The Global 1989: Continuity and Change in World Politics

The Global 1989: Continuity and Change in World Politics

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Cambridge University Press, 9/23/2010
EAN 9780521147910, ISBN10: 0521147913

Paperback, 338 pages, 22.8 x 15.2 x 2 cm
Language: English

1989 signifies the collapse of Soviet communism and the end of the Cold War, a moment generally recognized as a triumph for liberal democracy and when capitalism became global. The Global 1989 challenges these ideas. An international group of prominent scholars investigate the mixed, paradoxical and even contradictory outcomes engendered by these events, unravelling the intricacies of this important moment in world history. Although the political, economic and cultural orders generated have, for the most part, been an improvement on what was in place before, this has not always been clear cut: 1989 has many meanings, many effects and multiple trajectories. This volume leads the way in defining how 1989 can be assessed both in terms of its world historical impact and in terms of its contribution to the shape of contemporary world politics.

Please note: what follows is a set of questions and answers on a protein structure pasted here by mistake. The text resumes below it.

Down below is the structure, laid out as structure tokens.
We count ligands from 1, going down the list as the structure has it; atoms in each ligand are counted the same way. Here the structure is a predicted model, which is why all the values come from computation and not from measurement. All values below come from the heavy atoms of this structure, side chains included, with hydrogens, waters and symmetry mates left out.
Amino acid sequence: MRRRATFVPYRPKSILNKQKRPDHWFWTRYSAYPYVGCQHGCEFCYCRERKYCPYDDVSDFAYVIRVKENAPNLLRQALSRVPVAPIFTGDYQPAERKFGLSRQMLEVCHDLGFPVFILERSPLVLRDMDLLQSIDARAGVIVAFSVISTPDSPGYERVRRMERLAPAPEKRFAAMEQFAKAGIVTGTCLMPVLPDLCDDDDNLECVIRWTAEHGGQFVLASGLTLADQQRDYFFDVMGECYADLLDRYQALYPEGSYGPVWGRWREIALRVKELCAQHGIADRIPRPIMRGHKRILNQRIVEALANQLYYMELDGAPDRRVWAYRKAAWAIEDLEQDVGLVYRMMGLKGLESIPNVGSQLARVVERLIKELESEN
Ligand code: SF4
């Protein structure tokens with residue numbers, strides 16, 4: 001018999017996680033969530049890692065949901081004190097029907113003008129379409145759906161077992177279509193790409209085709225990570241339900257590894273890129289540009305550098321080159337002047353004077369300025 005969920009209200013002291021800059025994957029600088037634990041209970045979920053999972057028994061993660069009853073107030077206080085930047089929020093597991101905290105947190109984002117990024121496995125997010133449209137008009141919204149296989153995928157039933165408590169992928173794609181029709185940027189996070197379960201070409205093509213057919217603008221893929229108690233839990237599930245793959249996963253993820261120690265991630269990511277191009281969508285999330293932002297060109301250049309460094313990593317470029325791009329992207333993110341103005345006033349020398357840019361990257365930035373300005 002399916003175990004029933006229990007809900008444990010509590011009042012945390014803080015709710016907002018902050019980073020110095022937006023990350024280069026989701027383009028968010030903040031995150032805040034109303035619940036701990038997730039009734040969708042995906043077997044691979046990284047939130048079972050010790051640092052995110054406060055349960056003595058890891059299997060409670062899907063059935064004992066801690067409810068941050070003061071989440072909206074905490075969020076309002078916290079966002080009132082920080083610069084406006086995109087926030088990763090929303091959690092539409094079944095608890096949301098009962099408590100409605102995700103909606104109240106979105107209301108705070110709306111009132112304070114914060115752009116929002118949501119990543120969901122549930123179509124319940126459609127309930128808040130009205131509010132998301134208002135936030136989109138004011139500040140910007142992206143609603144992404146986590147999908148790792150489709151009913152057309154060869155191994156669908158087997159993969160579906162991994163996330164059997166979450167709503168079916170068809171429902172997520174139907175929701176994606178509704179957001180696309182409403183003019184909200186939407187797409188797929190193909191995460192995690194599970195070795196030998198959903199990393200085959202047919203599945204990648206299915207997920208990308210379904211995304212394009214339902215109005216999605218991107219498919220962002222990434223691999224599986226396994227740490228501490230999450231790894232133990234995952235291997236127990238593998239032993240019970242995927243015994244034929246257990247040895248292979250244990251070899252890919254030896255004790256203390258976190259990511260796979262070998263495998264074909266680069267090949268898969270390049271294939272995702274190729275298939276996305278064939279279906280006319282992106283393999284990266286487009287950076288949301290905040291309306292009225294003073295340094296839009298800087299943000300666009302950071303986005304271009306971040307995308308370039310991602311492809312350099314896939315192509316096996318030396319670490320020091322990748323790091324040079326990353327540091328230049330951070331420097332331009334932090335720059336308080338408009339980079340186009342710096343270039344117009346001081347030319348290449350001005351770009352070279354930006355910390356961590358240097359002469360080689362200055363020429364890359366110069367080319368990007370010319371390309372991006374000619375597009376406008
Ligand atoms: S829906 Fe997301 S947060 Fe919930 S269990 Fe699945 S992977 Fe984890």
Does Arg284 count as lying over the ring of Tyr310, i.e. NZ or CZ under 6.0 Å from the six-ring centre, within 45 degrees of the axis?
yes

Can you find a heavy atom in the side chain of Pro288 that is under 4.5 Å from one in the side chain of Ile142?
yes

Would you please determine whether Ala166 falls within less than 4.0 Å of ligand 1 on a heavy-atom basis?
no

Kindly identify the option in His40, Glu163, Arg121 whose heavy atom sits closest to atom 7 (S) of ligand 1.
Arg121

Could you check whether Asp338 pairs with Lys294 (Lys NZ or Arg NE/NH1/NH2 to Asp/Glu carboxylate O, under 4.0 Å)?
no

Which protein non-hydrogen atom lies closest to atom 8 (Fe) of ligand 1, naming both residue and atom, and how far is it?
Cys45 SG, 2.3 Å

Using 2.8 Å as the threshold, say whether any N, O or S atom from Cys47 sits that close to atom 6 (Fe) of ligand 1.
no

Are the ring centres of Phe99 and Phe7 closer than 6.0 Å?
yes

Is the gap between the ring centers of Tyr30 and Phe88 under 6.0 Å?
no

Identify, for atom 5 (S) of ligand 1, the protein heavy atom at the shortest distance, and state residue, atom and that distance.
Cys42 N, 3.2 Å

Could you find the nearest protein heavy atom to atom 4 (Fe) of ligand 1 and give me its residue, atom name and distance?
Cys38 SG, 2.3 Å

the 'what', 'when' and 'where' of the global 1989 George Lawson
Part I. What and When
1. Back to the future of nineteenth-century Western international thought? John M. Hobson
2. The return of primitive accumulation Saskia Sassen
3. What is left after 1989? William Outhwaite
Part II. Where
4. Transatlantic relations in the shadow of the Cold War Michael Cox
5. Third World socialism
1989 and after Fred Halliday
6. Towards a global Europe? Laure Delcour
7. Restoration and convergence
Russia and China since 1989 Aviezer Tucker
8. One world, many cold wars
1989 in the Middle East Richard Saull
Part III. Continuity and Change
9. One bright moment in an age of war, genocide and terror? On the revolutions of 1989 Chris Armbruster
10. A dangerous utopia
the military revolution from the Cold War to the war on terror Marc DeVore
11. From Berlin to Baghdad
learning the 'wrong' lessons from the collapse of communism Barbara J. Falk
was there a global 1989? Arne Westad.